MEXICO CITY - Mexican President Felipe Calderon told his people to stay home from Friday for a five-day partial shutdown of the economy, after the World Health Organization said a swine flu pandemic was imminent.

Calderon ordered government offices and private businesses not crucial to the economy to stop work to avoid further infections from the new virus, which has killed up to 176 people in Mexico and is now spreading around the world.

There is no safer place than your own home to avoid being infected with the flu virus, he said in his first televised address since the crisis erupted last week. [ID:nN29466276]

Twelve countries have reported cases of the H1N1 strain, with the Netherlands the latest to join the list. It said a three year-old who had recently returned from Mexico had contracted the virus.

Switzerland also confirmed its first case on Thursday in a man returning from Mexico. Peru reported what appeared to be the first case in Latin America outside Mexico, also in someone who had been to the country.

On Wednesday, Texan officials reported the first swine flu death outside Mexico, a 22-month-old visiting Mexican boy.

The World Health Organization (WHO) raised its alert level to phase 5, the last step before a pandemic.

Influenza pandemics must be taken seriously precisely because of their capacity to spread rapidly to every country in the world, WHO Director General Margaret Chan told a news conference in Geneva on Wednesday.

The biggest question is this: how severe will the pandemic be, especially now at the start.

WHO later issued guidance recommending all countries track any suspect cases and ensure medical workers dealing with them wear protective masks and gloves.

The organization has stopped short of recommending travel restrictions, border closures or any limitation on the movement of people, goods or services.


Mexico's peso currency weakened sharply after the government called for chunks of the economy to close. The peso fell 1.6 percent to 13.83 per dollar.

But world stocks hit a four-month peak on economic optimism, showing little sign of fears over the flu.

Earlier in the week they fell on worries that a major outbreak could hit the struggling global economy.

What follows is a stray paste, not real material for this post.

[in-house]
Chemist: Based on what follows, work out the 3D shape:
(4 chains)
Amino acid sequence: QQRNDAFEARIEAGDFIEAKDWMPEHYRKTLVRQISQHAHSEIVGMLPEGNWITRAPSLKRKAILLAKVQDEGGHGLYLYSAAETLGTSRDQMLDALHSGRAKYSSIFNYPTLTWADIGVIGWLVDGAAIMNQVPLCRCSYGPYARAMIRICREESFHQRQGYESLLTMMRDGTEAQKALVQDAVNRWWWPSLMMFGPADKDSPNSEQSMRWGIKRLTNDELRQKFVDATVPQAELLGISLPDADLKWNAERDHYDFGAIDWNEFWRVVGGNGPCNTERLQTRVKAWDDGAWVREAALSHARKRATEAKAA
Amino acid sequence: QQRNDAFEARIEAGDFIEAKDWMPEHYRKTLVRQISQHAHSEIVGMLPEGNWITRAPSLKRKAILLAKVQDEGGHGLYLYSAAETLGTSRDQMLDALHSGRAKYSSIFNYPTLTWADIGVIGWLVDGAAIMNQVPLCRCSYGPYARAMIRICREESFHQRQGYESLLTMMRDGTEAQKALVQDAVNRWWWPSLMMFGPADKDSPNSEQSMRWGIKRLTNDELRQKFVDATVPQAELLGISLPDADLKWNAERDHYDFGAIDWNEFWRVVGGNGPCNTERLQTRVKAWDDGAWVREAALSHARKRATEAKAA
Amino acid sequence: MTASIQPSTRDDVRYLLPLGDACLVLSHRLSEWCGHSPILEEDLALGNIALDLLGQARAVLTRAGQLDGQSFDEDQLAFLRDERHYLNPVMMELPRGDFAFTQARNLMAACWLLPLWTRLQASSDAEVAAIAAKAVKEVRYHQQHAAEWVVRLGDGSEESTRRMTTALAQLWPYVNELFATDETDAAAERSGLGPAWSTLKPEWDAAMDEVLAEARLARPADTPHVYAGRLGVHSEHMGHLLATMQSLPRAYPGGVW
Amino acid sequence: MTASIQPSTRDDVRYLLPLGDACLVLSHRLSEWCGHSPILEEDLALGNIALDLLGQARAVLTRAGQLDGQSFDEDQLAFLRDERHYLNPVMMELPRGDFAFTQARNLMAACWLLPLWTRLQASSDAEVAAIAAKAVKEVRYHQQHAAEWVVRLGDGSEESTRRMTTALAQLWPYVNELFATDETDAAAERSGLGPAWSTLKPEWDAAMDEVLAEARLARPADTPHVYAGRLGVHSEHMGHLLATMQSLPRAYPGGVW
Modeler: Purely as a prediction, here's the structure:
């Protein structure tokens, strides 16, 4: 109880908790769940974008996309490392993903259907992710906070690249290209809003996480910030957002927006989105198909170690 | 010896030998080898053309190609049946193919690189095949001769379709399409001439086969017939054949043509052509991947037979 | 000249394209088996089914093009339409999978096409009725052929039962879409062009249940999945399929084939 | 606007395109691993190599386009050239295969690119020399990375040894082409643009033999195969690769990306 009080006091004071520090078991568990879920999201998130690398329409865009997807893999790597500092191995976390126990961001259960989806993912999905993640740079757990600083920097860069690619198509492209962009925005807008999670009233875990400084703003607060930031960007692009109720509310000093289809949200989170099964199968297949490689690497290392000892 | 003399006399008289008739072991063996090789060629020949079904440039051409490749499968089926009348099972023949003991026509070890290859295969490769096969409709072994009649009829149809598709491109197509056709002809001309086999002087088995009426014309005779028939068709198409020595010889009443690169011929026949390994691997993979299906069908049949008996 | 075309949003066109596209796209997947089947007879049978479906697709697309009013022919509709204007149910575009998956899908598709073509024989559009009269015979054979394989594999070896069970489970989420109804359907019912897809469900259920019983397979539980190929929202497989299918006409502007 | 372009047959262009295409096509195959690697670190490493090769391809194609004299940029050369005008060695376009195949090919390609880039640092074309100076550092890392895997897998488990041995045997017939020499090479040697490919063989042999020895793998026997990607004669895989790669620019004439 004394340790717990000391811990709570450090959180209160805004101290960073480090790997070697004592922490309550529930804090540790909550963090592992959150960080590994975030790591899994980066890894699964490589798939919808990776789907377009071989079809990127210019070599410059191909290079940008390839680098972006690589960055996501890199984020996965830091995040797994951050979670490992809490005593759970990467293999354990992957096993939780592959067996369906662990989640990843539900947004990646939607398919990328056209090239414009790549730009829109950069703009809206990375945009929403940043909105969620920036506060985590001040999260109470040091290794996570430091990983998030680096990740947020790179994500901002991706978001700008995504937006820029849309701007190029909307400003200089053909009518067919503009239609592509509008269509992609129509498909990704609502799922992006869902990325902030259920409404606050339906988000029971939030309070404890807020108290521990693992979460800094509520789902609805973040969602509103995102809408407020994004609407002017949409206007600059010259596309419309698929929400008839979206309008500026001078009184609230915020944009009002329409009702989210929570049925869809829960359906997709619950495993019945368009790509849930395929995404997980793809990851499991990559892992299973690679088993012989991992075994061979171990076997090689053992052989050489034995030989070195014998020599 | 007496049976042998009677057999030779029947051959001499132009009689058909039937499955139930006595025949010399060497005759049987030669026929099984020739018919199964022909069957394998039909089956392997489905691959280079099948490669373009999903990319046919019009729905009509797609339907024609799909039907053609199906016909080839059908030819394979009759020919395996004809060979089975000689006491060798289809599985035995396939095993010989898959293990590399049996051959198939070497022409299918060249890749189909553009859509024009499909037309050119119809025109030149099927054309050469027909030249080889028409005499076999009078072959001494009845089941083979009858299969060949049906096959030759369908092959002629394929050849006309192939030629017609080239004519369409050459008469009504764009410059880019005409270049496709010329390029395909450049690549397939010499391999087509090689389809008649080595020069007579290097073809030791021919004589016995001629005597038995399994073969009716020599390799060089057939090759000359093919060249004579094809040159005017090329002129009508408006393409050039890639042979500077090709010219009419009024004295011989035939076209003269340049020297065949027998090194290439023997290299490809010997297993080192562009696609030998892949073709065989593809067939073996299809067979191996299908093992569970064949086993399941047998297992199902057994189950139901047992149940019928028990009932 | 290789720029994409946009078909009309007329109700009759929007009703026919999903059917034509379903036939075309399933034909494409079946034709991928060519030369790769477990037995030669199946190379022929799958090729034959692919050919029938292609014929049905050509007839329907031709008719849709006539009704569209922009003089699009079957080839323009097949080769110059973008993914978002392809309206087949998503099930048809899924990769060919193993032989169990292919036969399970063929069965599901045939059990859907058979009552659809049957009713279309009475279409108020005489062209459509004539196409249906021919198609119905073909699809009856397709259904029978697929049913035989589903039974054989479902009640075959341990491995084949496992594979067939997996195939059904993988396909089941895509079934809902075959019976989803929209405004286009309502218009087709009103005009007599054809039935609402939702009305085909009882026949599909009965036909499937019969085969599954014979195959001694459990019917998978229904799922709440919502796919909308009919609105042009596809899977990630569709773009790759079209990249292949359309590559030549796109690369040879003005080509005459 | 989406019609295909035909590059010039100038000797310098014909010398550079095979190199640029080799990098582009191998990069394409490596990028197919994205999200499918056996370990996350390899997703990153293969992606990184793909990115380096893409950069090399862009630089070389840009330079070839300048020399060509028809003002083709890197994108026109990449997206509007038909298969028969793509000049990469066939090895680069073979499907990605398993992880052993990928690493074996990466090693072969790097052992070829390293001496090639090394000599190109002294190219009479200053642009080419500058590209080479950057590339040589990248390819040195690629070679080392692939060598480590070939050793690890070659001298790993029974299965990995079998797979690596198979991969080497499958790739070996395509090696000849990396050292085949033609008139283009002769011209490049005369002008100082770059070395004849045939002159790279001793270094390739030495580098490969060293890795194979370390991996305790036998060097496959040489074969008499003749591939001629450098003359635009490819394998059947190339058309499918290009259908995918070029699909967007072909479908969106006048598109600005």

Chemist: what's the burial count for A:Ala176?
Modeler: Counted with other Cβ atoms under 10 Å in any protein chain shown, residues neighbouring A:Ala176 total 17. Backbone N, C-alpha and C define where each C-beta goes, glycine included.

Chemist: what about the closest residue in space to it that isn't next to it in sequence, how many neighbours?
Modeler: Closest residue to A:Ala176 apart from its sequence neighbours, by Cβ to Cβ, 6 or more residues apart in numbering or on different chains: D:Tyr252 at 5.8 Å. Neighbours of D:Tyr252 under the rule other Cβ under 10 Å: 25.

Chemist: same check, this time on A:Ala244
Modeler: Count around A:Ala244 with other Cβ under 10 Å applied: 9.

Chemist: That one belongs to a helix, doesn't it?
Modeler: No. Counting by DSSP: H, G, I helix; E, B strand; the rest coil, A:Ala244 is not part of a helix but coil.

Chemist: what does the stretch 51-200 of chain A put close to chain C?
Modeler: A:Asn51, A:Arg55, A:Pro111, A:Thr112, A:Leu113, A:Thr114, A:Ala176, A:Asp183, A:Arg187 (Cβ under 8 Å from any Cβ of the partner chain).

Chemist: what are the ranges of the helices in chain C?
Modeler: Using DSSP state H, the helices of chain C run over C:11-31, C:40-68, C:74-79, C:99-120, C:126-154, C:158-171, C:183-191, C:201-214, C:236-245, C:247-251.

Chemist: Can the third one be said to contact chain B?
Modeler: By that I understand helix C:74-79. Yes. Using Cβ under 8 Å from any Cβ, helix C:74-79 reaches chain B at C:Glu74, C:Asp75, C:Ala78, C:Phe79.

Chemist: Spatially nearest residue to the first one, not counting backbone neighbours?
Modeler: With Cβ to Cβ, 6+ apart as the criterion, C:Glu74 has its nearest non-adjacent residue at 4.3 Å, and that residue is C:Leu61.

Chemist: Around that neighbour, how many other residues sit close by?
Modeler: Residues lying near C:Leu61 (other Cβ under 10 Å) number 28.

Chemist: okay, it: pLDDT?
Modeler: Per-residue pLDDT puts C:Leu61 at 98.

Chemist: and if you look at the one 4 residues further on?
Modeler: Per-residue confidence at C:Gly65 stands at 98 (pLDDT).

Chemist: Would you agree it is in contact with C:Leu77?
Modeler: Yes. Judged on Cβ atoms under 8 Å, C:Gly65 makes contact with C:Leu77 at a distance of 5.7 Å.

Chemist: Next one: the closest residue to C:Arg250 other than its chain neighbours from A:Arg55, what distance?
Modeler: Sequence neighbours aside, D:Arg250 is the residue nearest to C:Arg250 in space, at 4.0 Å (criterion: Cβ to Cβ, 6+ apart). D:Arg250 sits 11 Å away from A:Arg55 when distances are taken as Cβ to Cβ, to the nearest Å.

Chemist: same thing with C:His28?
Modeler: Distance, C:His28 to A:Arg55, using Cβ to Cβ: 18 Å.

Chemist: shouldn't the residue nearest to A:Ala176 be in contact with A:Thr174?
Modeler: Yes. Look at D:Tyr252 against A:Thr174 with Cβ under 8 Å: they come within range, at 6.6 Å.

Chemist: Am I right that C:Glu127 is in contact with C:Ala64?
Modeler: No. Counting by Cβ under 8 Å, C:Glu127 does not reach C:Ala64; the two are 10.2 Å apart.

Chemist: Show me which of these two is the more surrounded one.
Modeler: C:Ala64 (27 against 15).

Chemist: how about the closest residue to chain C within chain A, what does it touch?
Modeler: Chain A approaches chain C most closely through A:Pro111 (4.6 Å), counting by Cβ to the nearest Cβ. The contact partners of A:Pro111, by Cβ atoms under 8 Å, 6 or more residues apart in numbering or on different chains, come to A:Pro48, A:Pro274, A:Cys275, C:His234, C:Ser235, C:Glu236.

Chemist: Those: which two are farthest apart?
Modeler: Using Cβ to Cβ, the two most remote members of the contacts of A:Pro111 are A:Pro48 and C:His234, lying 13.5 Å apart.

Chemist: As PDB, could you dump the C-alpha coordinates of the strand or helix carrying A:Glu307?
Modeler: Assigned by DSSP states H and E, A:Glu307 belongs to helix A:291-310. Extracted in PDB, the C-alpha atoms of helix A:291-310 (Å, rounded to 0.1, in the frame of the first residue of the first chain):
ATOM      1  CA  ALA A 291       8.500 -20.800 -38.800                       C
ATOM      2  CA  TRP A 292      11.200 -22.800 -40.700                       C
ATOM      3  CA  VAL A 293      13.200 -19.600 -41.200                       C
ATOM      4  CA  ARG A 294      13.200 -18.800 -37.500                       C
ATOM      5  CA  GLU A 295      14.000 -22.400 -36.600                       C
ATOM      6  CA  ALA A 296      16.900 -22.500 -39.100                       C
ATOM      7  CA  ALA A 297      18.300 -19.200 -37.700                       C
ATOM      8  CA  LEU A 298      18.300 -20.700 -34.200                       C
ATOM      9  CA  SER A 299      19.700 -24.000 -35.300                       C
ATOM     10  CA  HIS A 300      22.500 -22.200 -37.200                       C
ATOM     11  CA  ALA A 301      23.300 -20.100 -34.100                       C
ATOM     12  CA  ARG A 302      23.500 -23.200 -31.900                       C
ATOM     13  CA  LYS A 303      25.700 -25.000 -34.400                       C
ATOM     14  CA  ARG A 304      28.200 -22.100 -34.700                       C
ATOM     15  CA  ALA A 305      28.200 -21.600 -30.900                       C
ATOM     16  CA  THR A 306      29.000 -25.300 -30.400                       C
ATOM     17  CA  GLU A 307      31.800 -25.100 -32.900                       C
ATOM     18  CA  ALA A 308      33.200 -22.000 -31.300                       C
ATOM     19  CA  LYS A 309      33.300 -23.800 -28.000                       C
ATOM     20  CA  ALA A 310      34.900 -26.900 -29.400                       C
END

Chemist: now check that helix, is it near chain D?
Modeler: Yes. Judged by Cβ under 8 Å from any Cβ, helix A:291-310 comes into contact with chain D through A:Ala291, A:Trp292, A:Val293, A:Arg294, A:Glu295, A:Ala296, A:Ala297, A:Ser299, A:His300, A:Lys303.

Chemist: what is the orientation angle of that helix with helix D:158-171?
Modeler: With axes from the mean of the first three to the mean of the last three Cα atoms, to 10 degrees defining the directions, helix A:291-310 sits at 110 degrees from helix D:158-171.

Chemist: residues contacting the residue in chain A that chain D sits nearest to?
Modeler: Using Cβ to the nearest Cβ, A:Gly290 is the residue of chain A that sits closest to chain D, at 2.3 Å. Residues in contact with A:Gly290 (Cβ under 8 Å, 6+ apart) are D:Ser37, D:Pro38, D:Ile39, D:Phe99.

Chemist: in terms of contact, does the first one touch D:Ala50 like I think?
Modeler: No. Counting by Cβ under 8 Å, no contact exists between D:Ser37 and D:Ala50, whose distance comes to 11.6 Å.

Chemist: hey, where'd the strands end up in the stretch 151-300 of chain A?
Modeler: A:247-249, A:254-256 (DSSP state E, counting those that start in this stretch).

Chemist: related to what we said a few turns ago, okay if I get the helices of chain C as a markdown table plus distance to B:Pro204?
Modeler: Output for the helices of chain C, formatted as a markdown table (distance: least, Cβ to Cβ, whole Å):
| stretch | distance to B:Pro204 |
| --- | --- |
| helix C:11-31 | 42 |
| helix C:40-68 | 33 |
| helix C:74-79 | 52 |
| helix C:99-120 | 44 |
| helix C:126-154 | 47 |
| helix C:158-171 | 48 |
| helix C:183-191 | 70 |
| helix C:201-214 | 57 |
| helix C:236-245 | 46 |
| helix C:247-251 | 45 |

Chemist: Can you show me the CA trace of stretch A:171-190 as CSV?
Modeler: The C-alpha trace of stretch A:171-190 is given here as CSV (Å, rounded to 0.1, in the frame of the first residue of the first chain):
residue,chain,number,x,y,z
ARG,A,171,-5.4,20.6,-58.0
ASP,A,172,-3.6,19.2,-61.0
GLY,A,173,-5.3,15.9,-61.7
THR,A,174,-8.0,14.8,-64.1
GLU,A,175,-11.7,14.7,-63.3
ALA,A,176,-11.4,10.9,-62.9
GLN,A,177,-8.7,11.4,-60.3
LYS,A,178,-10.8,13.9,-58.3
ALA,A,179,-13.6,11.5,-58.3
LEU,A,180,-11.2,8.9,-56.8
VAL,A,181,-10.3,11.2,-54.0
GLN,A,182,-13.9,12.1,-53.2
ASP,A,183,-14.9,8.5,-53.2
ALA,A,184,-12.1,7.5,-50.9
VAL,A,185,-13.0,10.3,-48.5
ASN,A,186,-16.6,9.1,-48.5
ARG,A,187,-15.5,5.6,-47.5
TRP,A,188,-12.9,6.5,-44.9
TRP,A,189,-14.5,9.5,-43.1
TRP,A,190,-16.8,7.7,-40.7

Almost all those infected outside Mexico have had mild symptoms, and only a handful of people have been admitted to hospital.

In Mexico City, a metropolis of 20 million, all schools, restaurants, nightclubs and public events have been shut down to try to stop the disease from spreading, bringing normal life to a virtual standstill.

Several countries have banned pork imports, though the World Health Organization says swine flu is not spread by eating pork. Egypt started confiscating and slaughtering pig herds despite criticism from the United Nations.

There is no reason to do that. It's not a swine influenza, it's a human influenza, said Joseph Domenech, the U.N. Food and Agriculture Organisation's chief veterinary officer. The FAO is lobbying for a name change for the virus.

President Barack Obama said on Wednesday there was no need for panic and rejected the possibility of closing the border with Mexico.

At this point, (health officials) have not recommended a border closing, he said. From their perspective, it would be akin to closing the barn door after the horses are out, because we already have cases here in the United States.

Obama also praised his predecessor for stockpiling anti-viral medication in anticipation of such an outbreak.


Masato Tashiro, head of the influenza virus research center at Japan's National Institute of Infectious Disease and a member of the WHO emergency committee, told Japan's Nikkei newspaper it appeared the H1N1 strain was far less dangerous than avian flu.

I am very worried that we will use up the stockpile of anti-flu medicine and be unarmed before we need to fight against the avian influenza. The greatest threat to mankind remains the H5N1 avian influenza.

The WHO's Chan urged companies who make the drugs to ramp up production. Two antiviral drugs -- Relenza, made by GlaxoSmithKline and Tamiflu, made by Roche AG and Gilead Sciences Inc -- have been shown to work against the H1N1 strain.

Guan Yi, a microbiologist at the University of Hong Kong, said the swine flu virus could mix with avian flu, or H5N1, to become a very powerful and transmissible virus. Then we will be in trouble, it will be a tragedy.

Mexico's central bank warned the outbreak could deepen the nation's recession, hurting an economy that has already shrunk by as much as 8 percent from the previous year in the first quarter.

The United States, Canada and many other countries have advised against non-essential travel to Mexico. Many tourists were hurrying to leave, crowding airports.

European Union health ministers were due on Thursday to discuss coordinating possible restrictions on travel to and from Mexico and Southeast Asian health ministers will hold emergency talks to coordinate their fight against swine flu next week.

Japan's Masato Tashiro said the possibility of an overreaction to the outbreak was a concern. Excessive curbing of corporate activity will be a problem. The best course of action is to adopt rational measures.